Bonfire of the Inanities

By Jeff Wing   |   October 3, 2023

“Those Who Do Not Learn History Are Doomed to Repeat It.” This quaint bromide is periodically hauled out to remonstrate against ideas that seem determined to repeat some wanton mistake from the past. Book banning fits that description like a glove. There is in this country a newish state law on the books – HB 3979– that prohibits reading material that makes an individual “feel discomfort, guilt, anguish, or any other form of psychological distress on account of the individual’s race or sex.” 

Banned Book Week this year is from October 1-7 and celebrates those literary tomes that have been targeted for the book chopping block. Book banning in the United States (of all places) has surged to its highest level in 20 years. The American Library Association’s Office for Intellectual Freedom “…tracked 729 challenges to library, school, and university materials and services in 2021, resulting in more than 1,597 individual book challenges or removals. Most targeted books were by or about Black or LGBTQIA+ persons.” It’s as if Gutenberg’s world-lifting achievement was about disseminating comfort, and not knowledge. I caught up with Library Services Manager Molly Wetta to get her thoughts on the growing practice of book banning. Here is an excerpt of our conversation.

Q. Do you see the censoring of books getting better, worse, or just holding steady over time?

A.I would say it has definitely intensified in terms of the numbers – and how organized the groups are today in challenging books. 

How do you mean? 

Beginning in 2016, we’ve seen organized calls from groups that have this objective – not in response to what their own children are reading, or concerns over an isolated incident, but targeted, strategic pushing back against public education, which has started to incorporate more historical fact about institutional racism, and then oftentimes sexual education in schools that is trying to maybe cover more topics than previous generations were exposed to. Topics like the racial history of our country, and then gender identity and sexuality are the most frequently cited reasons for challenging materials. 

Most people can name a book they detest for one reason or another, but they also broadly realize that removing written material from public access has grotesque historical antecedents. The term “book burning” suggests something reflexively negative to most people, and few would publicly declare: “I’m against all new ways of thinking.” And yet that unspoken sentiment seems to fuel the modern book purge. 

One of the tenets of library science is, “Every reader, their book – every book, their reader.” We want to make all materials, all ideas available within the constraints of our budget and our shelf space. So our collection is designed to represent a wide spectrum of ideas and perspectives, and every book should be able to find its reader. That does not mean that every book or DVD we have is going to appeal to everybody, and it shouldn’t – because we’re a diverse community with many different perspectives and ideas, and it’s good to encounter new ways of thinking, new ideas – even if you decide in the end that the idea isn’t for you, or that you don’t like it. That’s part of living.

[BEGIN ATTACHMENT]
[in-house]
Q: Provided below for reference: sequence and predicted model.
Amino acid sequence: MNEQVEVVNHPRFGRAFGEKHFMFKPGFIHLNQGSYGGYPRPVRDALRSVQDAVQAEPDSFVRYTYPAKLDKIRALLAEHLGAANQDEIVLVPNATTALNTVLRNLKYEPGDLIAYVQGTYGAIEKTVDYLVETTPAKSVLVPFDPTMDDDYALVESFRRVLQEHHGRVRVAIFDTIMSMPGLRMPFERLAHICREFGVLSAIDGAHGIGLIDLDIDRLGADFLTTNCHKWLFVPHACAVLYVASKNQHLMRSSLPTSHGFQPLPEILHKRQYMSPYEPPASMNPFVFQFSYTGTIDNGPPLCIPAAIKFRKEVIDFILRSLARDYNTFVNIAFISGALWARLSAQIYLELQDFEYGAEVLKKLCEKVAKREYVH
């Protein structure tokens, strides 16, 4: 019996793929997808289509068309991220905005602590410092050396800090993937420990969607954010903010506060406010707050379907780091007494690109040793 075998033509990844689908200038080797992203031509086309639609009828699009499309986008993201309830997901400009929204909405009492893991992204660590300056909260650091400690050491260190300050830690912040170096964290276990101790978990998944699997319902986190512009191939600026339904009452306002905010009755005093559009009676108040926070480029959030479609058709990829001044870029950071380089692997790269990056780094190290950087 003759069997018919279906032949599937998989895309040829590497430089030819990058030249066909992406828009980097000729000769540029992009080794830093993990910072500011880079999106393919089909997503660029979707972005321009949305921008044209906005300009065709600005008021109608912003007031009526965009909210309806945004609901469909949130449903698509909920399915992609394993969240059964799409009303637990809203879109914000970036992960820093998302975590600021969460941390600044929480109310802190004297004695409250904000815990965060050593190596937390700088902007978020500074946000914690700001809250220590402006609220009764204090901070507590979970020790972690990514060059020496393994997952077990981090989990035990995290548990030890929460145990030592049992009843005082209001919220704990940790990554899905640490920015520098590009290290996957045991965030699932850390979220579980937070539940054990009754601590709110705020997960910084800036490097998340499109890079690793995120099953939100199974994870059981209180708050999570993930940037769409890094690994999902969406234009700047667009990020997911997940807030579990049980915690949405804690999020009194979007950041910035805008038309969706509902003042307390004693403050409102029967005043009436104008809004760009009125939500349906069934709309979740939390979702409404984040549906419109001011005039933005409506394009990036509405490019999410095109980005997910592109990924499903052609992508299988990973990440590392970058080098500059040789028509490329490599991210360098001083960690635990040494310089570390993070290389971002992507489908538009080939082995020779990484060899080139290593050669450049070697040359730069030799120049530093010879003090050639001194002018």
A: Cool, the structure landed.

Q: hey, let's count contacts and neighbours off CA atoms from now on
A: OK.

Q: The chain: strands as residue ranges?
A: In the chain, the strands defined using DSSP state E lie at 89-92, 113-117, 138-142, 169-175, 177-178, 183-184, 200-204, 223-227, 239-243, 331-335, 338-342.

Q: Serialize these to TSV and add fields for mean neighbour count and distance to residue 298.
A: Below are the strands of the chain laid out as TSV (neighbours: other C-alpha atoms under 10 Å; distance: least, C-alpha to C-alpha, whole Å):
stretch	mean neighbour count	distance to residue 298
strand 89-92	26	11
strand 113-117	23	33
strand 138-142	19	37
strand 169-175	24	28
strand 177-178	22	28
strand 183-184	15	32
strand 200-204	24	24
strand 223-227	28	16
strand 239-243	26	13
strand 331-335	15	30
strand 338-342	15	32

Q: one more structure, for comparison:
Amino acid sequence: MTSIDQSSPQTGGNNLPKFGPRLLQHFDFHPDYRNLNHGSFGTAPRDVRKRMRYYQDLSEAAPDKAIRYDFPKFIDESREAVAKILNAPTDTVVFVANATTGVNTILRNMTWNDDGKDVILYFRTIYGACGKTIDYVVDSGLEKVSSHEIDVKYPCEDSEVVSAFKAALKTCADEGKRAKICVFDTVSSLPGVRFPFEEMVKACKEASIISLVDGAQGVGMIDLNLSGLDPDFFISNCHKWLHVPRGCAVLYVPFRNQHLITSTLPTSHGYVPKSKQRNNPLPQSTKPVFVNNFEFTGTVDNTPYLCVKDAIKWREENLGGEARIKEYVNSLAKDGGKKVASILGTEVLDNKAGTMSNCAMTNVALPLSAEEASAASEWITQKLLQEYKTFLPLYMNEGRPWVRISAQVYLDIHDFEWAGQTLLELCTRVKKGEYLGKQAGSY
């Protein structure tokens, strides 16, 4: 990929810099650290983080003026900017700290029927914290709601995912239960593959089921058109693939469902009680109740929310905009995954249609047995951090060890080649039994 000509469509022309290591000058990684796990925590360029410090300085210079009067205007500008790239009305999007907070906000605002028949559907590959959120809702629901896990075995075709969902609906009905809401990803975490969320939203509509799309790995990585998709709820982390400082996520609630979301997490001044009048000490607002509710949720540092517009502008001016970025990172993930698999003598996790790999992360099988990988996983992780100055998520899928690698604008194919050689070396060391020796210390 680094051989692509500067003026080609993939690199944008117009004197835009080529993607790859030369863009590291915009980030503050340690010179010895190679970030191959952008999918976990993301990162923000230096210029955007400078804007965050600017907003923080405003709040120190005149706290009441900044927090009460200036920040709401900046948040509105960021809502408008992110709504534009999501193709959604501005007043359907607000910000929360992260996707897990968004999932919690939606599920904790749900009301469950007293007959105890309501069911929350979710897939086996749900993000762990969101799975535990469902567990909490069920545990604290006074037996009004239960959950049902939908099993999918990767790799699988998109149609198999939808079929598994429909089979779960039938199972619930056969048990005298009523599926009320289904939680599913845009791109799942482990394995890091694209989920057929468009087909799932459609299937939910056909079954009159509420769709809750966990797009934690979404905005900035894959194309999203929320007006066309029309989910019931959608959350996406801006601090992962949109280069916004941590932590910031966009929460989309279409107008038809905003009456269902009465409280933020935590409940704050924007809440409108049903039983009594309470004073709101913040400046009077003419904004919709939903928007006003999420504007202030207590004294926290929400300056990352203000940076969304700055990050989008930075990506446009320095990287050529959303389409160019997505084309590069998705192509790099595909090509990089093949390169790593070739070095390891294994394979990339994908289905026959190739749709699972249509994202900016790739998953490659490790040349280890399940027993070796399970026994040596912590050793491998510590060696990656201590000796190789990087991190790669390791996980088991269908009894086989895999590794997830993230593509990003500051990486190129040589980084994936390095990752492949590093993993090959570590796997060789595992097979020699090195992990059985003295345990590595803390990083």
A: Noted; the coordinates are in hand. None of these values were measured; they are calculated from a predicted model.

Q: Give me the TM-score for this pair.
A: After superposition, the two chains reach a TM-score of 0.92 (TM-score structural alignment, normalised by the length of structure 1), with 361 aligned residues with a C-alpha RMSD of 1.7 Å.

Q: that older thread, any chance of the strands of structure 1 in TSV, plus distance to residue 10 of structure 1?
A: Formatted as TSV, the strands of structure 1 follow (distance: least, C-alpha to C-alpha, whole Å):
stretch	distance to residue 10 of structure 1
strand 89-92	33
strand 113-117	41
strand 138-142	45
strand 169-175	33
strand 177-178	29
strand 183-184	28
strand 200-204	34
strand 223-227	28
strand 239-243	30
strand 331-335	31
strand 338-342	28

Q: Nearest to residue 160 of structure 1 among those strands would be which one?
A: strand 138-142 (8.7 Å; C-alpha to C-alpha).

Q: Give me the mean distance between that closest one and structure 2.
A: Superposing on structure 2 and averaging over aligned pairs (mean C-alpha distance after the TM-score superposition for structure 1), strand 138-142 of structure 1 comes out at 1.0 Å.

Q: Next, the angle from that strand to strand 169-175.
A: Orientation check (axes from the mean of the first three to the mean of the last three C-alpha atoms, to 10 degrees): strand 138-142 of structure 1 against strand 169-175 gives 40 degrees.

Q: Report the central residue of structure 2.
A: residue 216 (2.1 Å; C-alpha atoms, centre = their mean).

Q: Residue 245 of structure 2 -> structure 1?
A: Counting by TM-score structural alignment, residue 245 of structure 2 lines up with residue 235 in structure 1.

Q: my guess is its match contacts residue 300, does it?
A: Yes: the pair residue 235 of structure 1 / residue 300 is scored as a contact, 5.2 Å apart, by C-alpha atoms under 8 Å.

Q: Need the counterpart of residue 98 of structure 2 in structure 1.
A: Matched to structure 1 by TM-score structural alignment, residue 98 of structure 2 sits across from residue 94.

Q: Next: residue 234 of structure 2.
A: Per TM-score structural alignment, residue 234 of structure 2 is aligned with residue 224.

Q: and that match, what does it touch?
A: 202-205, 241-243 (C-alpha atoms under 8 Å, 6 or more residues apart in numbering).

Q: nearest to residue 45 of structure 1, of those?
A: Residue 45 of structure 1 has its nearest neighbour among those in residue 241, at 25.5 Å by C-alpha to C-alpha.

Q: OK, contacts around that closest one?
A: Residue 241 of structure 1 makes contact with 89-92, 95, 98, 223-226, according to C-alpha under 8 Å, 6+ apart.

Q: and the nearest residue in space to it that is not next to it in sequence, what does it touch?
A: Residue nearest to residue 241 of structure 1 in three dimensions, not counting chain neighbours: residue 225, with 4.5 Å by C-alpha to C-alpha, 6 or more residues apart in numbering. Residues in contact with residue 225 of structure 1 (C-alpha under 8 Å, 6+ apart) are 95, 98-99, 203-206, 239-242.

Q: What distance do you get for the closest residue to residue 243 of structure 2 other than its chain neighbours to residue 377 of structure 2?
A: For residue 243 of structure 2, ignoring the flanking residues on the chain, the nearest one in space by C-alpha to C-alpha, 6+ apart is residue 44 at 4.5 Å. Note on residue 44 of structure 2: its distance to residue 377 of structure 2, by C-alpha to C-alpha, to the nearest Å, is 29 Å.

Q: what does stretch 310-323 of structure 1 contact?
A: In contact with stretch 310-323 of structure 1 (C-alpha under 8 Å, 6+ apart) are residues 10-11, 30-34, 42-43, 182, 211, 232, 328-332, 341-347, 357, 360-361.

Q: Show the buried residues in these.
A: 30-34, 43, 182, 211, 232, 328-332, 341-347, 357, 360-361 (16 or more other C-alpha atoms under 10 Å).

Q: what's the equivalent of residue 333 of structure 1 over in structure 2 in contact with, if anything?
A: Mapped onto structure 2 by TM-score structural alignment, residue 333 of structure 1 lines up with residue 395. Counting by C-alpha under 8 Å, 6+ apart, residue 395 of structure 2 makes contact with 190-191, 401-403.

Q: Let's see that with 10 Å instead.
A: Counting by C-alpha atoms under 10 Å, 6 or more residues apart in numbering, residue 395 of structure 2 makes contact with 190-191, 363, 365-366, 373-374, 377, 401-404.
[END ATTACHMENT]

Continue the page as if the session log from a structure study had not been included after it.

Do you think there will always be eruptions of this sort, or do you believe that there will be some renaissance of common sense – that people will once again start to revere the very notion of the Idea itself, and the rich landscape of ideas ripe for exploration? 

I think it’ll always be cyclical. When I first became a librarian, it was kind of like, “…oh, Banned Books Week. How cute! Glad we’re past that.” But right now, it is very much in the culture. In Florida we see school library bookshelves emptying because of it. As close as in Huntington Beach there was a proposal (by the town’s Mayor Pro Tem, Gracey Van Der Mark) for all purchases made by the public library to go through the city attorney’s office, which was sort of a wild idea. That doesn’t reflect an understanding of how librarians curate content. We have master’s degrees in the organization of information and collection management, something we take very seriously.

Just from a cultural standpoint, it’s odd that we who should know better – given Stalinism and Nazism and the roaring book bonfires historically associated with top-down fascism – that we don’t make that connection, don’t fear the creeping insidiousness of wanting any book to disappear. 

Right. And just because it’s not right for your child doesn’t mean that it’s not going to literally save the life of another child.

Save the life…?

I still have a copy of a young adult book that nobody would remember to this day. It was called Willow and is about a young girl who participated in self-harm activities, but successfully worked through that part of her life and victoriously moved on. [Wetta here becomes visibly moved] Written in pencil on the cover page – in three separate sets of handwriting – were notes from three subsequent readers about how that book had led them to get help with their own self-harming behaviors. Really early in my career that said, yeah, books quite literally can save people’s lives.

Celebrate the freedom to read by joining the discussion of favorite books by BIPOC and LGBTQ+ authors. Complimentary copies of books will be given away and coffee, tea, and pastries will be served. Registration is not required but is appreciated so we can ensure there are enough seats and refreshments. This event is in conjunction with Pride & Joy Santa Barbara.  

Books and Breakfast:
A Pride & Joy Santa Barbara Event
Faulkner Gallery
Friday, October 6, 2023
10 – 11:30 am


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